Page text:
Engines of Our Ingenuity

No. 314:

by John H. Lienhard

Click here for audio of Episode 314.

Today, let's meet Hippocrates. The University of Houston's College of Engineering presents this series about the machines that make our civilization run, and the people whose ingenuity created them.

Hippocrates was a pretty shadowy figure. We know he was born around 460 BC and that he fathered a great school of medical writings. But that school is a body of learning put together by many different people.

Hippocrates's school replaced the quasi-magical medicine of the older Greeks with holistic and clinical practices. Hippocratic doctors had a lot to say about the balance of nature's forces in the human body. They were very good at prognosis. They depended on intervening at just the right moment in the course of a sickness; so they knew a lot about the sequence of events in disease.

Their intervention was minimal. They weren't great surgeons. They'd set bones and vent abscesses. But part of the famous Hippocratic Oath is a specific promise not to cut out kidney stones. That was a grizzly business in those days, and it was left to people called cutters who made a specialty of stone removals. The Oath also excluded abortion and abetting suicide.

Hippocratic doctors were keen observers in a world without microscopes or thermometers. The most sensitive and accurate instruments they had were their own senses. So we're repelled and fascinated to find they did extensive looking, smelling, feeling, and even tasting to diagnose sickness.

One Hippocratic shortcoming was a part of Greek culture. The Greeks believed the dead should be buried quickly with their bodies undefiled. So medical dissection was almost unthinkable.

For 500 years the practical and humane Hippocratic school led medicine about as far as it could go without dissection and modern instruments. Then it slid back into mysticism and magic during the days of Imperial Rome. The practical mindset of the Hippocratic doctors reemerged only after the Black Plague, in the 15th century.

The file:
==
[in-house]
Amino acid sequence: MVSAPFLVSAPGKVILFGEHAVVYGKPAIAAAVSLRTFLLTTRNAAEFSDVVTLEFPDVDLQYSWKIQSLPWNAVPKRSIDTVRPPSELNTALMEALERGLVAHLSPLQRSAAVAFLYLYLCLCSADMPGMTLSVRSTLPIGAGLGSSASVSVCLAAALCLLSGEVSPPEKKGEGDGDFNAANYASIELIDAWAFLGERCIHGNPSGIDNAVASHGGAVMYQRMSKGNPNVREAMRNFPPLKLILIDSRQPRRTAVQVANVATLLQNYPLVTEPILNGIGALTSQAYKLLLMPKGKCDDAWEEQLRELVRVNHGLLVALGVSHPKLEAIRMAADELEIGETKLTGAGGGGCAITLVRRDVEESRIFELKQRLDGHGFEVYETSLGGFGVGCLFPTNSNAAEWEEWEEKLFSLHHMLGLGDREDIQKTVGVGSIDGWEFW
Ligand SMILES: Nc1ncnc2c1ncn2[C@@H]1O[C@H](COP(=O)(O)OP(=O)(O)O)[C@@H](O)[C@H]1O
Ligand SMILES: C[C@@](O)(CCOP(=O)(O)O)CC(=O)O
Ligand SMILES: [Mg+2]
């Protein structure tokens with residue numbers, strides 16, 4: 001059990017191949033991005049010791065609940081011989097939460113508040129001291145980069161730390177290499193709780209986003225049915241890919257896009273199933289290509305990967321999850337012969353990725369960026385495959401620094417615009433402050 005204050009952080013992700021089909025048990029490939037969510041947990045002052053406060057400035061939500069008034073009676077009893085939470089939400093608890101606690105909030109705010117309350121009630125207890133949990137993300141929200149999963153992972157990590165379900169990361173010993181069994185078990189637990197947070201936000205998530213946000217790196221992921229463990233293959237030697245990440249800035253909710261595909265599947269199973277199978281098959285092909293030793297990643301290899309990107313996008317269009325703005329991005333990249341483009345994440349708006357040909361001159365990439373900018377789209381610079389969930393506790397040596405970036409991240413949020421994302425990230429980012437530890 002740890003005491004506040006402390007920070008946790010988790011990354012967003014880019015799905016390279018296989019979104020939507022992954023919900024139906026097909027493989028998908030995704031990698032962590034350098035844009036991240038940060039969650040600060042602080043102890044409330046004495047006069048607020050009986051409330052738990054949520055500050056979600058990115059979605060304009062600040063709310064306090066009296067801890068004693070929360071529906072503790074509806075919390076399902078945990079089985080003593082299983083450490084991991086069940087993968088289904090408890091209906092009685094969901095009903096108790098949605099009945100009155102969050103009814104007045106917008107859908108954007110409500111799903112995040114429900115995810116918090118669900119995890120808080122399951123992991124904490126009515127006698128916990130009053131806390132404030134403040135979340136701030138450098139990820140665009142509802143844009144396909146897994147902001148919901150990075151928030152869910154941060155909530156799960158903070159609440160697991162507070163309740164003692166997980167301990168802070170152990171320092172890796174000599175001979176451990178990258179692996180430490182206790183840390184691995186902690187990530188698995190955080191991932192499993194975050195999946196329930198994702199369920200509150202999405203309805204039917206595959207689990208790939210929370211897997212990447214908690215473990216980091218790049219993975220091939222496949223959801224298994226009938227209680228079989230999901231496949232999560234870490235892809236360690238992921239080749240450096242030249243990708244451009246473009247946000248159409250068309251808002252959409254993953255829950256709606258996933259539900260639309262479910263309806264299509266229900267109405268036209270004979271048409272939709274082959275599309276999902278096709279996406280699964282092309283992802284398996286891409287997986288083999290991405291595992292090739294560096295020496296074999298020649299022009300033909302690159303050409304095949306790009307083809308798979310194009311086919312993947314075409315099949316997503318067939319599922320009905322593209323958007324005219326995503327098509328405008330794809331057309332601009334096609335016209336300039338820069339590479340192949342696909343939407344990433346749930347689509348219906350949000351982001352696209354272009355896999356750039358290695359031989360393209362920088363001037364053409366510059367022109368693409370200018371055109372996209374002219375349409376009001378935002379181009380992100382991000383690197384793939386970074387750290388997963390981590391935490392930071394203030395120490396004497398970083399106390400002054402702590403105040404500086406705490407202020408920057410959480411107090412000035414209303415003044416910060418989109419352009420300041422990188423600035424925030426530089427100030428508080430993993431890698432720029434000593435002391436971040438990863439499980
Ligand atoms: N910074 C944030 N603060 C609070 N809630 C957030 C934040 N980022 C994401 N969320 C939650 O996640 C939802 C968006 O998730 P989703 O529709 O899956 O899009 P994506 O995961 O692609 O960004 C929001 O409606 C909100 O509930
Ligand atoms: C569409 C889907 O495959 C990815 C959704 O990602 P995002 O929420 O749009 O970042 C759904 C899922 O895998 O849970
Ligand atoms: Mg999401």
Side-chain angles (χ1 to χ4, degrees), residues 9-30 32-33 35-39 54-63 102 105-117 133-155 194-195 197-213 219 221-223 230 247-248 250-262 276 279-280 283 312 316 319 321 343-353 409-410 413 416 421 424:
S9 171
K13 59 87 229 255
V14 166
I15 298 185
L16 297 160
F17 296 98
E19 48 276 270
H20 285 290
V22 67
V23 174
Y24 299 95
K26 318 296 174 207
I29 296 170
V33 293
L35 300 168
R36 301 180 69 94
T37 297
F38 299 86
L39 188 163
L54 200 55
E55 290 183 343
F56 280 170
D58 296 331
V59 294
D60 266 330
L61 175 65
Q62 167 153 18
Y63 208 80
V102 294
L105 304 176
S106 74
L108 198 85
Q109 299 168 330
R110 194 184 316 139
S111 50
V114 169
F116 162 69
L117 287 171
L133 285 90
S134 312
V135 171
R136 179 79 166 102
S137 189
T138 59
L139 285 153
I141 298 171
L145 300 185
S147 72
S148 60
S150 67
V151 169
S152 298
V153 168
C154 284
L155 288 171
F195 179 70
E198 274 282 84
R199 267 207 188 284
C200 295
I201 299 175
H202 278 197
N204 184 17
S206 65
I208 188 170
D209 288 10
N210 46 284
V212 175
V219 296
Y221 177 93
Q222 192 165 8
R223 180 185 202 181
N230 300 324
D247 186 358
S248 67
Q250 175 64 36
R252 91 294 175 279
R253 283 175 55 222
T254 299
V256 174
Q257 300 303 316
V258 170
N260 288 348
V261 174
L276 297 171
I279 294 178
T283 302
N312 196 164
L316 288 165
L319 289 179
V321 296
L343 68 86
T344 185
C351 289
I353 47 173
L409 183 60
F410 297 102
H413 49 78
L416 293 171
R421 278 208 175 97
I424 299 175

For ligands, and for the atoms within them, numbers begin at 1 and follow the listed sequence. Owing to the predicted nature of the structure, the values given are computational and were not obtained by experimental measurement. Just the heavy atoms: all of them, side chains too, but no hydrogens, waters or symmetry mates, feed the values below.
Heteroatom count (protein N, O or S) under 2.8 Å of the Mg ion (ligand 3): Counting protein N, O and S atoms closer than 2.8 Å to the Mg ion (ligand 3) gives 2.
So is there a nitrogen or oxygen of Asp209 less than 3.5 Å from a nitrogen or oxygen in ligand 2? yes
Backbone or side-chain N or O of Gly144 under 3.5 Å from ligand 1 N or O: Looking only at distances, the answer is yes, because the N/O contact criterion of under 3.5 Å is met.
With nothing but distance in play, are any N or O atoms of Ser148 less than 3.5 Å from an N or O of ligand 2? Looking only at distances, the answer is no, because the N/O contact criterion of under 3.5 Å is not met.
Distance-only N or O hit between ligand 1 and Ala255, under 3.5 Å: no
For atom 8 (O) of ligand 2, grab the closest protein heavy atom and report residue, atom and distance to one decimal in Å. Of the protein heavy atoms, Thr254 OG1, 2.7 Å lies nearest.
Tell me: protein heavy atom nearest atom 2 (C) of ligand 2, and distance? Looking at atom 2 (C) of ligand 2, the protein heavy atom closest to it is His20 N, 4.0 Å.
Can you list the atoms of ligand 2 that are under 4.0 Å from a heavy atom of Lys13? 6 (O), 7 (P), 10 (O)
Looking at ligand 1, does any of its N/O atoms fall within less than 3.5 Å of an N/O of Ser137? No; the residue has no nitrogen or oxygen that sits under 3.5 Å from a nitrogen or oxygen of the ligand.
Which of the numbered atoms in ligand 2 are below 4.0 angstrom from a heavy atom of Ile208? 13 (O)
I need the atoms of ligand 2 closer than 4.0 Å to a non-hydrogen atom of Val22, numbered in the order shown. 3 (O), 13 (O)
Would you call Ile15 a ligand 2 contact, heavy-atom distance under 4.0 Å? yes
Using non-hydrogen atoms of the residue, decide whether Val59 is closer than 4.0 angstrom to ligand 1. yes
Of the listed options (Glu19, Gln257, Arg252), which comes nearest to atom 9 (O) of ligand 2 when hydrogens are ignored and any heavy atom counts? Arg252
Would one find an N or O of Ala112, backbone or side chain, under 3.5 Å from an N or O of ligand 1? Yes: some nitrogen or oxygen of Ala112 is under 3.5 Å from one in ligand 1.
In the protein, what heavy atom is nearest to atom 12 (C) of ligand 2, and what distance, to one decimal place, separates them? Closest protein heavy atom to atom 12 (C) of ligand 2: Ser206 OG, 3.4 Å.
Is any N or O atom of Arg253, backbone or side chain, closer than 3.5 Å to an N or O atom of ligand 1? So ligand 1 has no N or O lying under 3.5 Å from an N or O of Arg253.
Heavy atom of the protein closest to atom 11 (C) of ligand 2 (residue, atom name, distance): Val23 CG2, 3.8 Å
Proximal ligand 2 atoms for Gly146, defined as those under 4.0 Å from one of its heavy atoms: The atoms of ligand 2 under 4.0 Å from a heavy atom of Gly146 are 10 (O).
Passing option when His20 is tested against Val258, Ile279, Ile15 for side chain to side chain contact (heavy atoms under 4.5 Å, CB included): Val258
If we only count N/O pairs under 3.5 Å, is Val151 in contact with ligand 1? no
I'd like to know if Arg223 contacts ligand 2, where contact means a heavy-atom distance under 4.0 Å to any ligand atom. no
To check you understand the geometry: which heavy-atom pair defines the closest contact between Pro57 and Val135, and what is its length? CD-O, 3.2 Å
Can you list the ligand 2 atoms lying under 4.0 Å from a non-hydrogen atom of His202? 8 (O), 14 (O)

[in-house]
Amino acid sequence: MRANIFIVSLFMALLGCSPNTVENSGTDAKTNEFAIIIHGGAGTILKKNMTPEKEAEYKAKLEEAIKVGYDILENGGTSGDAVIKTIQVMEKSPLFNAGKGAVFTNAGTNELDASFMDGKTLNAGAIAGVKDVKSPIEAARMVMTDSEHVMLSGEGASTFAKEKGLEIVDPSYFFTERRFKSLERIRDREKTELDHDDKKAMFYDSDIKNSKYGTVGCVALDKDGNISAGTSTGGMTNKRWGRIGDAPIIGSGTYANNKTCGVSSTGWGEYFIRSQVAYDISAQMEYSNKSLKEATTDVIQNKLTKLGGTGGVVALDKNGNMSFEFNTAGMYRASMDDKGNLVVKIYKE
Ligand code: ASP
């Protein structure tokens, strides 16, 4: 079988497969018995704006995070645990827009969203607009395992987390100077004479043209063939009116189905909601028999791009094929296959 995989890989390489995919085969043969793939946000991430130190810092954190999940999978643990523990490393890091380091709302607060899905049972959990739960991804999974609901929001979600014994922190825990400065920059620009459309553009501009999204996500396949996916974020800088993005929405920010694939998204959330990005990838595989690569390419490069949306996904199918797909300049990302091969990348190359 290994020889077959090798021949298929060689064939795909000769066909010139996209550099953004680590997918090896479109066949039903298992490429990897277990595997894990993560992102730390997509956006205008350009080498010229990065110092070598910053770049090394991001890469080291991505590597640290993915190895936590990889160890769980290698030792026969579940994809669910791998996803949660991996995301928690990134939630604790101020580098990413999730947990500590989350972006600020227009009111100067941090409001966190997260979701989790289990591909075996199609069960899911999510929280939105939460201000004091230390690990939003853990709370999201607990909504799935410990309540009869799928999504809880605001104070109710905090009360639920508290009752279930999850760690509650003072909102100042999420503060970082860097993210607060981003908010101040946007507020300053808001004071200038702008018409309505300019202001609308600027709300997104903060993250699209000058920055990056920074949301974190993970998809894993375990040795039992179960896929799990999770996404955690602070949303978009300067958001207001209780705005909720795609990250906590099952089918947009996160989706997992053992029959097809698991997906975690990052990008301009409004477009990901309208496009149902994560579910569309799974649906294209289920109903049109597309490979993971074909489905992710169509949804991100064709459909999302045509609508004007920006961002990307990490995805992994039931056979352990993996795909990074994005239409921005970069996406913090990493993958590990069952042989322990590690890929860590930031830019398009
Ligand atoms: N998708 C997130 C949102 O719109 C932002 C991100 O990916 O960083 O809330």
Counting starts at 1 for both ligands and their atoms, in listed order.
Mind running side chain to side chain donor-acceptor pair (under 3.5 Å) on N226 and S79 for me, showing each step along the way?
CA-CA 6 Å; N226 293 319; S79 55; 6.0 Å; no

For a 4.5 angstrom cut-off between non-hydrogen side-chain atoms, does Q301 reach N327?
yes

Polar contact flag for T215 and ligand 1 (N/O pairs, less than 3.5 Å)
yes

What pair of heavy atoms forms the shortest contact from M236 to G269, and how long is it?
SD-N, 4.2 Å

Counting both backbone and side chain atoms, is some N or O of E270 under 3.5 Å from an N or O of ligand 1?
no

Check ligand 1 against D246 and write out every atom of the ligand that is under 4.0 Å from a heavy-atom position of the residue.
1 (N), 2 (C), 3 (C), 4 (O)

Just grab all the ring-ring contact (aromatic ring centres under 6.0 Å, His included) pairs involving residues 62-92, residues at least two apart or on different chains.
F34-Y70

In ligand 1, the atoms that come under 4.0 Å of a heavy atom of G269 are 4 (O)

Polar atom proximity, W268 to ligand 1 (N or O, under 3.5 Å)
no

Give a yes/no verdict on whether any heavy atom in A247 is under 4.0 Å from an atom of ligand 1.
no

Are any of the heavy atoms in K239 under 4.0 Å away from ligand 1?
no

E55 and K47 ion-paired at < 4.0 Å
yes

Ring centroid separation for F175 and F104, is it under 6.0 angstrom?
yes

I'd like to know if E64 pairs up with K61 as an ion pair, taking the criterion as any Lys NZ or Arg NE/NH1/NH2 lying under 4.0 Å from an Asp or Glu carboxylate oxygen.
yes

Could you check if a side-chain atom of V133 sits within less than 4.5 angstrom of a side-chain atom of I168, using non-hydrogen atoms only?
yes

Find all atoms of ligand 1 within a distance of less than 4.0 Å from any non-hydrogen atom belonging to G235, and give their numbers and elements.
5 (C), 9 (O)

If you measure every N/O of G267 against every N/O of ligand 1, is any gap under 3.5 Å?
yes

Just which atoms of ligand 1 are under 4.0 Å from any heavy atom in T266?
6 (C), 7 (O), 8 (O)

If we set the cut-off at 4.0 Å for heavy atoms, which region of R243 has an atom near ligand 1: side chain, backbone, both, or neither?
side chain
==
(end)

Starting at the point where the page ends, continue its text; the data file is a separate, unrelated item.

Hippocratic doctors called their medicine the Art. Part of the Oath says, "With purity and holiness I will pass my life and practice my Art." We're surprised to learn that one of the most famous Latin quotations is the opening line of The Aphorisms of Hippocrates, and it refers specifically to this Art:

Life is short, the Art is long, opportunity fleeting, experience delusive, judgment difficult.
We'd like to impress those self-deprecating words on some of the more overconfident doctors we meet today. But then, so much of the Hippocratic mindset seems as fresh now as it was 2500 years ago.

I'm John Lienhard, at the University of Houston, where we're interested in the way inventive minds work.

(Theme music)

Nuland, S.B., Doctors: The Biography of Medicine. New York, Vintage Books, 1988.

The text of the Oath of Hippocrates:

I swear by Apollo the physician, and Aesculapius, Hygeia, and Panacea and all the gods and goddesses, that, according to my ability and judgment, I will keep this Oath and this covenant:

To reckon him who taught me this Art equally dear to me as my parents, to share my substance with him, and relieve his necessities if required; to look upon his offspring on the same footing as my own brothers, and to teach them this Art, if they shall wish to learn it, without fee or stipulation and that by precept, lecture, and every other mode of instruction, I will impart a knowledge of the Art to my own sons, and those of my teachers, and to disciples who have signed the covenant and have taken an oath according to the law of medicine, but no one else.

I will follow that system of regimen which, according to my ability and judgment, I consider for the benefit of patients, and abstain from whatever is deleterious and mischievous.

I will give no deadly medicine to anyone if asked, nor suggest any such counsel; and in like manner I will not give to a women an abortive remedy. With purity and with holiness I will pass my life and practice my Art.

I will not cut persons laboring under the stone, but will leave this to be done by such men as are practitioners of this work.

Into whatever houses I enter, I will go into them for the benefit of the sick, and will abstain from every voluntary act of mischief and corruption; and, further, from the seduction of females or males, of freemen and slaves.

Whatever, in connection with my professional practice, or not in connection with it, I see or hear, in the life of men, which ought not to be spoken of abroad, I will not divulge, as reckoning that all such should be kept secret.

While I continue to keep this Oath unviolated, may it be granted to me to enjoy life and practice of the Art, respected by all men, in all times. But should I trespass and violate this Oath, may the reverse be my lot.

The Engines of Our Ingenuity is Copyright © 1988-1997 by John H. Lienhard.

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